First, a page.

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Probability & Statistics for Engineers & Scientists, by Walpole, Myers, Myers & Ye ~ Chapter 10 Notes Class notes for ISE 201 San Jose State University Industrial & Systems Engineering Dept. Steve Kennedy 1

Statistical Hypotheses
A statistical hypothesis is an assertion or conjecture concerning one or more populations. To prove a hypothesis in statistics, we generally set up the opposite of the hypothesis and see if we can reject it. Acceptance of a hypothesis just means that there is not enough evidence to refute it. Rejection implies that the evidence truly does refute it. The hypothesis that we wish to test is called the null hypothesis and denoted H0. Rejection of H0 leads to acceptance of the alternate hypothesis H1. Acceptance or rejection will be based on the value of a sample statistic. The critical region is the range of the sample statistic for which we reject the null hypothesis. The range for which we accept is called the acceptance region.

Testing a Hypothesis There are two types of error that can be made when testing a null hypothesis. Type I error: Rejecting the null hypothesis when it is true. Type II error: Accepting the null hypothesis when it is false. We define  = P(type I error), and  = P(type II error). In hypothesis testing, we generally want to minimize , the probability of making a type I error. The value of  can be reduced by adjusting the critical region. Decreasing  generally causes  to increase and vice versa. Increasing the sample size n will decrease both  and .

More Hypothesis Testing
The power of an hypothesis test is the probability of (correctly) rejecting H0 given that H1 is true. For a given , we would like a test with a high power value. Summary of hypothesis test outcomes: Reality  Decision  H0 true H1 true Accept Correct Acceptance 1 -  Type II Error Reject Type I Error Correct Rejection (power = 1 - )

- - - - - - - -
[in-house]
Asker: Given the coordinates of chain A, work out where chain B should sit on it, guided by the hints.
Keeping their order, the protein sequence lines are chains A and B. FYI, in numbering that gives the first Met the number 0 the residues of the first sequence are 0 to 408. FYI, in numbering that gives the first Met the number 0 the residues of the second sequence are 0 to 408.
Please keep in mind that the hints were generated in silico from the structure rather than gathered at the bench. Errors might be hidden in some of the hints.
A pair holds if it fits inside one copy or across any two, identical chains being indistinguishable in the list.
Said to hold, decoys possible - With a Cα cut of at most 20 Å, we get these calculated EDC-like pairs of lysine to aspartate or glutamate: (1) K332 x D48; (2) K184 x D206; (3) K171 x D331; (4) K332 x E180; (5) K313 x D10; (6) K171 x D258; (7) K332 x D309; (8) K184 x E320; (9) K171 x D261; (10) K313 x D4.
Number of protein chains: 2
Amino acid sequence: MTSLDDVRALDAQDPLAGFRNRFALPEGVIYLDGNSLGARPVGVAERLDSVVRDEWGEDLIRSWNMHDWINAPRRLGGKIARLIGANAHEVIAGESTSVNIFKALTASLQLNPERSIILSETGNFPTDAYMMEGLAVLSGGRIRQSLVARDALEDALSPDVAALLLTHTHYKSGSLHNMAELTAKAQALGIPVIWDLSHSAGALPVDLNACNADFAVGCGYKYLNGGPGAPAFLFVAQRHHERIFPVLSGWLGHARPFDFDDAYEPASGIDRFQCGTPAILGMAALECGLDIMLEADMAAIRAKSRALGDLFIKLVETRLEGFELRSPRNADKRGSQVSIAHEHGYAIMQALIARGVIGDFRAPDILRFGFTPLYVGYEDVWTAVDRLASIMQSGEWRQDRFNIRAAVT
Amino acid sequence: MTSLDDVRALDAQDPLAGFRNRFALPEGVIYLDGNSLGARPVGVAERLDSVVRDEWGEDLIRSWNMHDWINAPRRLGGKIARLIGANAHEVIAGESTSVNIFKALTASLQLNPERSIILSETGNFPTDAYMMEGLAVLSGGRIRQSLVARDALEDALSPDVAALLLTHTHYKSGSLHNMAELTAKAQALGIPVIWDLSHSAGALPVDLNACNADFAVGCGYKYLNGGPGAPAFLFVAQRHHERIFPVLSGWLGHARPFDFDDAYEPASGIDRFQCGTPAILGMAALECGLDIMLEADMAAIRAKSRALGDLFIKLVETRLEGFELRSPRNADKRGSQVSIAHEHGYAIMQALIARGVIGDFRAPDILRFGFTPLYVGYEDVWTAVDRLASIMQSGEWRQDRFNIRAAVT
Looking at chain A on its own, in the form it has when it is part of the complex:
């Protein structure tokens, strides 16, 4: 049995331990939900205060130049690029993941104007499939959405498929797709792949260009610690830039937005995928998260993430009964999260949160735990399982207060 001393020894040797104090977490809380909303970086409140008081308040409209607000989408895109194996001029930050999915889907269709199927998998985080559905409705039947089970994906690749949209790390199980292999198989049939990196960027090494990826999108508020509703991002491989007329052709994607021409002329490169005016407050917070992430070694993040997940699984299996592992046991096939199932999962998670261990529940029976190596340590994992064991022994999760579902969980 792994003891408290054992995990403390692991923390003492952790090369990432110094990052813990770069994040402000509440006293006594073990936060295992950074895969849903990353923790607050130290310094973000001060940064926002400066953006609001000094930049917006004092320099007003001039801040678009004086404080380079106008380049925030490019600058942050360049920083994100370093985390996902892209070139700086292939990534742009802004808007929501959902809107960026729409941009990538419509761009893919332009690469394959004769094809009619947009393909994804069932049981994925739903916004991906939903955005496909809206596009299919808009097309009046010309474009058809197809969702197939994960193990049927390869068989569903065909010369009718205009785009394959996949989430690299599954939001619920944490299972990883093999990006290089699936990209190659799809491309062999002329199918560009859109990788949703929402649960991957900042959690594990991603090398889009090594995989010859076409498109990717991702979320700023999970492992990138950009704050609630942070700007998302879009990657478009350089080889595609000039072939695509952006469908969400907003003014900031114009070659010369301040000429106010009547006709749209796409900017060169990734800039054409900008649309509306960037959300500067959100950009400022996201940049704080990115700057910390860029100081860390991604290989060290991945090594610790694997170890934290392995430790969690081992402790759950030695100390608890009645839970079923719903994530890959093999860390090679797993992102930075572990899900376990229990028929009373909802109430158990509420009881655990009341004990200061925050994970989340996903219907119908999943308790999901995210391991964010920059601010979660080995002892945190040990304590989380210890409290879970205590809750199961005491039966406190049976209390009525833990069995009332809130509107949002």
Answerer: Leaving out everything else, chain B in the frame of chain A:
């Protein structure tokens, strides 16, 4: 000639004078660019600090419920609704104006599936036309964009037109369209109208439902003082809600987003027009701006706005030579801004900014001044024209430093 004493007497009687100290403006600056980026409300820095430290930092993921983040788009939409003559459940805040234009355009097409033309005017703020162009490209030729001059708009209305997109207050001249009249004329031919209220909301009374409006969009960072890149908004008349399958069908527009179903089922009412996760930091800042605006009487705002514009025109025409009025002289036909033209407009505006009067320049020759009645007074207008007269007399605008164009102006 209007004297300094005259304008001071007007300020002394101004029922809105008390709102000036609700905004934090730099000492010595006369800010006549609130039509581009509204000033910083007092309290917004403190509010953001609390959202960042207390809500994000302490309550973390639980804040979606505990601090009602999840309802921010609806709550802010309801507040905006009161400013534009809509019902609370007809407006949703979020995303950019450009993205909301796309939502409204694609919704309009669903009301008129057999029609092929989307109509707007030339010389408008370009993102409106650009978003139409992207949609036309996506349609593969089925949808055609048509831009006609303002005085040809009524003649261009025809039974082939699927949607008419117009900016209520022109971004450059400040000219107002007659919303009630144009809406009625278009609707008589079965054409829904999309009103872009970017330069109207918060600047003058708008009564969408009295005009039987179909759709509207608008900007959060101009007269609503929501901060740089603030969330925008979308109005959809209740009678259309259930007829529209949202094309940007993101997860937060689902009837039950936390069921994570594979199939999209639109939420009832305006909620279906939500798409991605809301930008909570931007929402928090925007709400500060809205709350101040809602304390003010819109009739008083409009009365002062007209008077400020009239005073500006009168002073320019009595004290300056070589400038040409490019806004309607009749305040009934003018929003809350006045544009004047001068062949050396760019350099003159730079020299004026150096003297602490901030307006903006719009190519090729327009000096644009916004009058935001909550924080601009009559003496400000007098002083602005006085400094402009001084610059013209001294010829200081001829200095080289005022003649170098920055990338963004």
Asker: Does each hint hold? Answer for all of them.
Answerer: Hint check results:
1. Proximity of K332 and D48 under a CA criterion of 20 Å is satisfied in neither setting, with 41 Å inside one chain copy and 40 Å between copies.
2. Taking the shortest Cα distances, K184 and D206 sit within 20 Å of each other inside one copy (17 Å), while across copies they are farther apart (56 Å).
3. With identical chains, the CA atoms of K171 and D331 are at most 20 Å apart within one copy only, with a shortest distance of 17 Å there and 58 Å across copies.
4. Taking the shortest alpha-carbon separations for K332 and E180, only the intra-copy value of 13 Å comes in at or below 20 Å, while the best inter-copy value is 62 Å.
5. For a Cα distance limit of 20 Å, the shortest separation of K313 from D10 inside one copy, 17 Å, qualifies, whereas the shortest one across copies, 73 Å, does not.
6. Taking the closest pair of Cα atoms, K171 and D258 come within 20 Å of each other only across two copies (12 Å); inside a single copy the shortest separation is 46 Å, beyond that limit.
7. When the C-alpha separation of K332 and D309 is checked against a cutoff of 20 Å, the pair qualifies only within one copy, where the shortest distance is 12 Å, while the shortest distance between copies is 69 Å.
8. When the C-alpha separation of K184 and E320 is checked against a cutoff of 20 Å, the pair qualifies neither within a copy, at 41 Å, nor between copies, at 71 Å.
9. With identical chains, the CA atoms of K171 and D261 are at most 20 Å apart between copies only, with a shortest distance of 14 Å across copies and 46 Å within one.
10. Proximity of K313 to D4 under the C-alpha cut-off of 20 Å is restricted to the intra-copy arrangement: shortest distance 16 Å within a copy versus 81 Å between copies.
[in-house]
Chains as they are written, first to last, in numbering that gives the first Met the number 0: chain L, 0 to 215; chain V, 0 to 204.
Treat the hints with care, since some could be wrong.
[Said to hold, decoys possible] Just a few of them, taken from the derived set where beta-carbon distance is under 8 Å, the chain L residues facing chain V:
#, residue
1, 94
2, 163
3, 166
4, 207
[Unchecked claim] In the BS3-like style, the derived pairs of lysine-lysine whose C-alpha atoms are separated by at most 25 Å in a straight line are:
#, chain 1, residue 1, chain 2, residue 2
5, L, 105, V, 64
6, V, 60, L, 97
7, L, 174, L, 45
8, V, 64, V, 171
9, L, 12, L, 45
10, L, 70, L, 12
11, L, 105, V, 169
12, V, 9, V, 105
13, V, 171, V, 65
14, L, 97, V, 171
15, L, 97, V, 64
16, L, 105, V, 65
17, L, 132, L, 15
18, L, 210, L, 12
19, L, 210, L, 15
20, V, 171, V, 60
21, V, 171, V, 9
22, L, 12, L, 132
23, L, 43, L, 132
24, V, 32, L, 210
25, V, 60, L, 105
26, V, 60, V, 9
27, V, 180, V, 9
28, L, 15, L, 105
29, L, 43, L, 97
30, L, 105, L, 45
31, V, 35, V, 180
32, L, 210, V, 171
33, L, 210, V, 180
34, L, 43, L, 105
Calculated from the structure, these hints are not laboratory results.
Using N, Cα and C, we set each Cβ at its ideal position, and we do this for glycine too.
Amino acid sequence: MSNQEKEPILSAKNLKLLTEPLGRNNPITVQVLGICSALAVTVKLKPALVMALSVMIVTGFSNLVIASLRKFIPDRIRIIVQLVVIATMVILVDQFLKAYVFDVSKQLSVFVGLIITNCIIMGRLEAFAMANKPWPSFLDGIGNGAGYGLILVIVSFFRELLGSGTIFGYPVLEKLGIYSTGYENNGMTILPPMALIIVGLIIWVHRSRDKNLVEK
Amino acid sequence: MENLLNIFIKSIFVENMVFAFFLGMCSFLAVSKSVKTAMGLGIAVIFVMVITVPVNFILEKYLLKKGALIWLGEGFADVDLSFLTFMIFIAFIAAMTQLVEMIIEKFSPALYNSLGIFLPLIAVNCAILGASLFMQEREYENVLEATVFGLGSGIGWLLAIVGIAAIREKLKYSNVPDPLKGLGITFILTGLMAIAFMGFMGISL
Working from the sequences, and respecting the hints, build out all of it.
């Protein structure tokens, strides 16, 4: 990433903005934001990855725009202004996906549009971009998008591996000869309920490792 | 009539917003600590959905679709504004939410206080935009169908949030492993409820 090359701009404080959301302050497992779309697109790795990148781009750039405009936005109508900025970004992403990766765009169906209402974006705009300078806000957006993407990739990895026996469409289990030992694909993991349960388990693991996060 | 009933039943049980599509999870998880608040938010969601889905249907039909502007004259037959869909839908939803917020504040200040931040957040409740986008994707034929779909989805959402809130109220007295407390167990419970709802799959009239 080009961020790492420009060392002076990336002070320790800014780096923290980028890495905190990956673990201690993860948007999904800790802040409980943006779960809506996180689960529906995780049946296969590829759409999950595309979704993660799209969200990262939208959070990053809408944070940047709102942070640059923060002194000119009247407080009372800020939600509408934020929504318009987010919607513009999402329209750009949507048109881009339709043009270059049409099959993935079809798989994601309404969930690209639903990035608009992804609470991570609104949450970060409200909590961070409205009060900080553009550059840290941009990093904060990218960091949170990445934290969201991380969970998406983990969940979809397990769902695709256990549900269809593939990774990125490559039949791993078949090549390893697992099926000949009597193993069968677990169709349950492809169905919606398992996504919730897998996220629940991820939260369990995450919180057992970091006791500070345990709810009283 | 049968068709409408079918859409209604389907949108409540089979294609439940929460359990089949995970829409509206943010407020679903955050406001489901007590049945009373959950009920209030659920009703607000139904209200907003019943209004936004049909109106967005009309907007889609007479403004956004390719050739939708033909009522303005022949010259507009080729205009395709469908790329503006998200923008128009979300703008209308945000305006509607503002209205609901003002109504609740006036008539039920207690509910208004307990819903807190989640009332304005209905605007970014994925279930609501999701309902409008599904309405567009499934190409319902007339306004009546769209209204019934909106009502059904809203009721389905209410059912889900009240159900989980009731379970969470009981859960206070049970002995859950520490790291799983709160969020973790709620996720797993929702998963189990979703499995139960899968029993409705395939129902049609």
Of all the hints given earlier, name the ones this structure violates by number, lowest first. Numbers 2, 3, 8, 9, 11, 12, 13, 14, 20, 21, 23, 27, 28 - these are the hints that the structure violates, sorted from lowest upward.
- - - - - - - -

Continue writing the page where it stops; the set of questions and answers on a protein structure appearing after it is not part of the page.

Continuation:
One-Tailed and Two-Tailed Tests
For a one-tailed test, the alternate hypothesis is in a single direction, for example, H0:  = 0 and H1:  > 0. For a two-tailed test, the alternate hypothesis can be in either direction, for example, H0:  = 0 and H1:   0.  is equal to the sum of the probabilities on either side (typically /2 in either tail). To calculate , a specific value, H1:  = 1 (either high or low) must be used. For a 2-sided test, the high and low values will generally be symmetric around 0.

Pre-selecting  vs. using a P-Value
In classical hypothesis testing, we typically pre-select  to be .05 or .01 and then determine the critical region. We can then reject the hypothesis with that level of significance. (Remember that in a 2-sided test, with  = .05, for example, the critical region would have .025 in either tail.) The alternative is calculating the P-value, or probability of obtaining the calculated result if H0 is true. The P-value provides more information than just that the hypothesis was rejected or not. If rejected, the P-value may be much less than .05 or .01, giving us additional confidence in our decision. If not rejected, the P-value may be very close to .05 or .01, allowing us the option of rejecting at a slightly reduced level. The judgment of the experimenter is used to interpret the calculated P-value result.

Single Mean Tests ( known)
Suppose we have an unknown population distribution with mean  and known variance 2, and that H0:  = 0 and H1:   0 . If either then reject H0. In this case, the probability of making a type I error (rejecting H0 when it is true) is . If z falls within the above limits, then accept H0. For a single-sided test with H1:  > 0 , reject H0 if z > z . For a single-sided test with H1:  < 0 , reject H0 if z < - z . The critical region for xbar can also be written in terms of  and  rather than z.

Single Mean Tests ( unknown)